Pay attention to how the food feels, how it tastes. Be mind and body (aren’t our best, happiest or most fulfilling moments in life when we are engaged both mind and body?). I remember how she described making a game of eating a chocolate mousse as slowly as possible, as a family, and talking about the experience together. What a clever idea to get kids engaged in the wonderful, vastly underestimated, communal, cultural and pleasurable experience that is the family meal.

Beyond easy and quick recipes, convenience and logistics, beyond calories and “healthy eating”, making cooking and eating about connection and pleasure, vs obligation and nutrition, is the core of this education of taste journey I’ve been documenting here. A journey that makes our life so much richer, each and every day.

Sharing today a seasonal variation to the French classic tarte aux pommes. It’s the first year I am experimenting cooking with rhubarb and its lovely flavor. This is really two recipes in one: one for the compote, which can be made on its own. But should you have a couple of apples lying around, the tart is a delicious way to put them to good use. Basil goes surprisingly well with strawberry and rhubarb, and adding it to the spelt crust was a fun, and successful, experiment.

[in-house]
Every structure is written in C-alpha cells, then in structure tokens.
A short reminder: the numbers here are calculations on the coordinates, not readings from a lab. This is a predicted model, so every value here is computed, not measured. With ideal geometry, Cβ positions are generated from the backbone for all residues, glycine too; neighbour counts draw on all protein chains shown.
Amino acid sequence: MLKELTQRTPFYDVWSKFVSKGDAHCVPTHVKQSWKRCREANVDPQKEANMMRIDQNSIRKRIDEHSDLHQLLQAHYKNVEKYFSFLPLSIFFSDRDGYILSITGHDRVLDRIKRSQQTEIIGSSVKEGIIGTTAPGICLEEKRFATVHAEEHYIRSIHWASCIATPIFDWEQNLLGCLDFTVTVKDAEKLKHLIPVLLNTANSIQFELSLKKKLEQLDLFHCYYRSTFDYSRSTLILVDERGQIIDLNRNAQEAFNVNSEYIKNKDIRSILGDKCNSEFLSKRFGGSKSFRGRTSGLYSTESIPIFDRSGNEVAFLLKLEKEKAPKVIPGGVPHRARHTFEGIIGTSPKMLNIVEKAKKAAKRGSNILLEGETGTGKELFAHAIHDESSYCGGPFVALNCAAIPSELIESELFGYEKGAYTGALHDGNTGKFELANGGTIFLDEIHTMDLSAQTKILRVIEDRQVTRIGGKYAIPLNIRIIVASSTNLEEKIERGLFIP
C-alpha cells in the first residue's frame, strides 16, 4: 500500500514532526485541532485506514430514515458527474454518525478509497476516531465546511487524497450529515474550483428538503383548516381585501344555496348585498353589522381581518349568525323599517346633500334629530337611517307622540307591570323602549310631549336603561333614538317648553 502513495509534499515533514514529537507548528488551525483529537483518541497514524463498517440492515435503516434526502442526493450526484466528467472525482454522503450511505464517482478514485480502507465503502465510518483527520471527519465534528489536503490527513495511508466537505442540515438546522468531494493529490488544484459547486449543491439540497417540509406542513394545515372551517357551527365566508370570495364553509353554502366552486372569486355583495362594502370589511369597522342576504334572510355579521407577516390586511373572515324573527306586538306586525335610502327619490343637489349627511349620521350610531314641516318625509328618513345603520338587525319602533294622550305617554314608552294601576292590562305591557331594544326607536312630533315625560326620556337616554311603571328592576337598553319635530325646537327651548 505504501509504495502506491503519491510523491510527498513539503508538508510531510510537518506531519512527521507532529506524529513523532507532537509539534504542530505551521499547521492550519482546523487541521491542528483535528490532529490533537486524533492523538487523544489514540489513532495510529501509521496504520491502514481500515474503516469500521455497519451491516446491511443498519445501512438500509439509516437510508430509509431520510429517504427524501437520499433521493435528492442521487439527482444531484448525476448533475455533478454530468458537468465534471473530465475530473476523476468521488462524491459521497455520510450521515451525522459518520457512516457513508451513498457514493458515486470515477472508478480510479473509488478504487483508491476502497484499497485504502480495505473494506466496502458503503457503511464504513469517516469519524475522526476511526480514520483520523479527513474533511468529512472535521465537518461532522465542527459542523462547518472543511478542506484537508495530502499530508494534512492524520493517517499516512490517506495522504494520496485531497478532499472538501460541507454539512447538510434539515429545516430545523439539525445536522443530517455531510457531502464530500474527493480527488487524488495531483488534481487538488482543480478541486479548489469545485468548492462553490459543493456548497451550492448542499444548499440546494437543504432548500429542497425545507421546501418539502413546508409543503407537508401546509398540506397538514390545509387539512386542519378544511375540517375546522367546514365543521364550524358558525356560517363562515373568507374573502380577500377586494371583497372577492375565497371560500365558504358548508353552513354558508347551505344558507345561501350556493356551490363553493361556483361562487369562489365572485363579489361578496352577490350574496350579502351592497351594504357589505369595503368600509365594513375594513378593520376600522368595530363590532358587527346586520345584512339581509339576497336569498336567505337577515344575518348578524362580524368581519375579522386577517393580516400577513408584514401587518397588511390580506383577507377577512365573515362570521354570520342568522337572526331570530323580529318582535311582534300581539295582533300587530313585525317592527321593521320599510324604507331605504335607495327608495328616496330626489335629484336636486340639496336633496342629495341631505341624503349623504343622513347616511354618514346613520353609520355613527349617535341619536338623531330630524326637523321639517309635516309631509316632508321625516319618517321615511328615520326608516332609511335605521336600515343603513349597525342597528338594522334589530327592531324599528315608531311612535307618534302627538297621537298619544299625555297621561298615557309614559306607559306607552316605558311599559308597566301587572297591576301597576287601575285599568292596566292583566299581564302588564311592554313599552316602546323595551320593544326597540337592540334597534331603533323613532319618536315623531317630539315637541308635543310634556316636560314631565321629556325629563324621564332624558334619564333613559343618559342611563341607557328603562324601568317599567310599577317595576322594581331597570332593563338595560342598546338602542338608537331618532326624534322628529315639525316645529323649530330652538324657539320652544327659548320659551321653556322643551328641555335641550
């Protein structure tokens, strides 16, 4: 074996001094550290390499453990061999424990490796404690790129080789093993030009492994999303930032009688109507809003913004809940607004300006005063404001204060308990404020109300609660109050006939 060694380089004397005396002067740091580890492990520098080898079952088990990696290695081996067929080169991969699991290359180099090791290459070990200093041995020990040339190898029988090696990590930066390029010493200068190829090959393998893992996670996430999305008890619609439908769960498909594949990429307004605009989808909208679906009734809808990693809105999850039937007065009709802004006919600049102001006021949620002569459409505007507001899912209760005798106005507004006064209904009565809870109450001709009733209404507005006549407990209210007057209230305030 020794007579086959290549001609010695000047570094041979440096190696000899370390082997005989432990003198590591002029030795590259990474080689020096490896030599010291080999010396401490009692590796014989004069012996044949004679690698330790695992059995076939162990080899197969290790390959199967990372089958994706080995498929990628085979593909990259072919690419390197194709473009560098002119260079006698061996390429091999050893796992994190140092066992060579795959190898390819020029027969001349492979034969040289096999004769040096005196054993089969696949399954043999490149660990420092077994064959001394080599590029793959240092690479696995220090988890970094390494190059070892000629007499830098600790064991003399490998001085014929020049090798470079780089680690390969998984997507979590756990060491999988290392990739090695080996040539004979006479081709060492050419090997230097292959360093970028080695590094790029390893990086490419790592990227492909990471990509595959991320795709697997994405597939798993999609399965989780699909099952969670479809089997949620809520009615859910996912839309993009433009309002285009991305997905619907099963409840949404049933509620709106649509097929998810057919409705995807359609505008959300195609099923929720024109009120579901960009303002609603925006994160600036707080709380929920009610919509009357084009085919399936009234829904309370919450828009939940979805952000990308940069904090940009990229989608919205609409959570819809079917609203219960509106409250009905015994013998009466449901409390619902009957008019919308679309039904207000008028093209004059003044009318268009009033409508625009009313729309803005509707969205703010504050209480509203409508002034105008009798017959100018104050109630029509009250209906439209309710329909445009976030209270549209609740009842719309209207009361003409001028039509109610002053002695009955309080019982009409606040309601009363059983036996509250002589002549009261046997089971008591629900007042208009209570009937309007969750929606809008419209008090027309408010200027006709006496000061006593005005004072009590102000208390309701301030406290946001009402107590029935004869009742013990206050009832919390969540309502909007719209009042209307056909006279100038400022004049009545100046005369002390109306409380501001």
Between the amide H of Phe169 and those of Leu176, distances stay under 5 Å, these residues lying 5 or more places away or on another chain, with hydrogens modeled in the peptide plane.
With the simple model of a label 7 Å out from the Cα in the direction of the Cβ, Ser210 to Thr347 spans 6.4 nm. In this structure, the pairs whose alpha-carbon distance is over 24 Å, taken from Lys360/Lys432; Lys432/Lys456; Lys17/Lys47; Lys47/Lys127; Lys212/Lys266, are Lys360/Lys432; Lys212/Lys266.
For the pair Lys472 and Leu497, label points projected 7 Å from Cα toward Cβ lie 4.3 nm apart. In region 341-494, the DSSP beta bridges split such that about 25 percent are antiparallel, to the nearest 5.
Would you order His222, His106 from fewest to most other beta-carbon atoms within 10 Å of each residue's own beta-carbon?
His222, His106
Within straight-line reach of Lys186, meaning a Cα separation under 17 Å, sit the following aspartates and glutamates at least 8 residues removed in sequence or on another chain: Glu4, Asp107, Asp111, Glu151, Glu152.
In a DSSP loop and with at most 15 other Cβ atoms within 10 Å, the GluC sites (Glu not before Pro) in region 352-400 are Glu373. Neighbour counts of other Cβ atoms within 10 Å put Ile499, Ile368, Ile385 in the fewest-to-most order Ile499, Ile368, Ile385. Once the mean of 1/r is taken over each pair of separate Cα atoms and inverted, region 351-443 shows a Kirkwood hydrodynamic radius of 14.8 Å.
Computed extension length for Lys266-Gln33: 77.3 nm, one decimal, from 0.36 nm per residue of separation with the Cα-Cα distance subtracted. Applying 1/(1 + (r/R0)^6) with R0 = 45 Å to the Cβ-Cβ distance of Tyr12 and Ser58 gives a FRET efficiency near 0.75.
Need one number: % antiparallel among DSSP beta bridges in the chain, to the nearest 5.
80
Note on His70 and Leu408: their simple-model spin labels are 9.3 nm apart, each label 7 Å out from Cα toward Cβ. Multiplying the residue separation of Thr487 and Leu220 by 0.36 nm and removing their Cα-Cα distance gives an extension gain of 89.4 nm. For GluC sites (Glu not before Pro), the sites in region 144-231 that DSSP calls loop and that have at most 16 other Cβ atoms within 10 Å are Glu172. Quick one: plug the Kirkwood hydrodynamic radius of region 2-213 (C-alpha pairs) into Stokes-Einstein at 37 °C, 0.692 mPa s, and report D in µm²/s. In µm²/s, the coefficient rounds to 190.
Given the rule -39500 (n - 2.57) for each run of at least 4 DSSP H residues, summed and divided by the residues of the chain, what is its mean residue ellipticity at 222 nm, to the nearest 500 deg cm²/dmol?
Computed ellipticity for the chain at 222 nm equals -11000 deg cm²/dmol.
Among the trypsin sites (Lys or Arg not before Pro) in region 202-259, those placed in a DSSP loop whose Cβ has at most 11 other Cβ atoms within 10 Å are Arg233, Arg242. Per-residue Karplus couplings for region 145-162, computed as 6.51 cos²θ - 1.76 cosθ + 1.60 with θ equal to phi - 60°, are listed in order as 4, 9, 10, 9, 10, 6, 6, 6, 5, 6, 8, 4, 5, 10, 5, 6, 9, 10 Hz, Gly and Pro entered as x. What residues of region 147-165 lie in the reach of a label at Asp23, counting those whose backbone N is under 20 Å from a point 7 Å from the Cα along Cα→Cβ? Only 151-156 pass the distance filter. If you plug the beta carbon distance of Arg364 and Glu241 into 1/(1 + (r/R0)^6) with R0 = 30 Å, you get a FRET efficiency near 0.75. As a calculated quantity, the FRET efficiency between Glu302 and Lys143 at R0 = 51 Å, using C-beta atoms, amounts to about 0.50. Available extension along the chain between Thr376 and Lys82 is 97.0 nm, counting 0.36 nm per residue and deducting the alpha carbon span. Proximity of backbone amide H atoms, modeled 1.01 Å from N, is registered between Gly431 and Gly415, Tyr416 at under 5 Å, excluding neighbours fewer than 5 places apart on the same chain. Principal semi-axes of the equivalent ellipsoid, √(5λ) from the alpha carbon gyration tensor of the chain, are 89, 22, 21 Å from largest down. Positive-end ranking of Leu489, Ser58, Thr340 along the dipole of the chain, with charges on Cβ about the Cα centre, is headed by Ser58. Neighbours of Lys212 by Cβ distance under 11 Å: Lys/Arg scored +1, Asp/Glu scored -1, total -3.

Strawberry rhubarb apple tart on basil spelt crust

Serves 6-8

Prep time: 45 mn
Cook time: 15 mn + 35 mn

Age for babies: The compote by itself is great for a baby from 5 months on, though be sure not to use honey for a baby under 12 months. Add just a sprinkle of sugar. What you don’t use within a couple of days can be frozen for a couple of months (individual serving containers make it easier).
The tart can be given in small pieces (as long as no honey was used) from 8-10 months.



For the strawberry rhubarb compote

Yields about 2 cups.

2-3 stalks of rhubarb
1-2 cups of strawberries
2 tbsp of sugar (or honey)
1 tsp lemon juice

Peel the rhubarb by making a diagonal incision at the top and pulling off the stringy part. Repeat from both end, until all strings are gone (you will be taking off the pink part.)

Then cut the rhubarb in small pieces, place in a bowl with half the sugar (or honey), and let macerate at least 15 minutes. (The rhubarb with produce some juice in that time).

In the meantime, wash and cut the strawberries.

In a pan, place the rhubarb and its juice, strawberries, remaining sugar or honey and lemon juice. Cook over medium high heat for about 15-20 minutes, stirring often.

Mix in food processor or blender until very smooth. Pour through a fine mesh strainer, pressing with a spatula, for added smoothness.

For the basil spelt crust

1 cup (150g) spelt flour
5 tbsp (75g) butter, softened and cut up
4-5 large leaves of basil, minced
1.5 tbsp ice water
1 egg yolk
1 tbsp sugar
pinch of salt

In a bowl, mix the flour, minced basil, sugar and salt.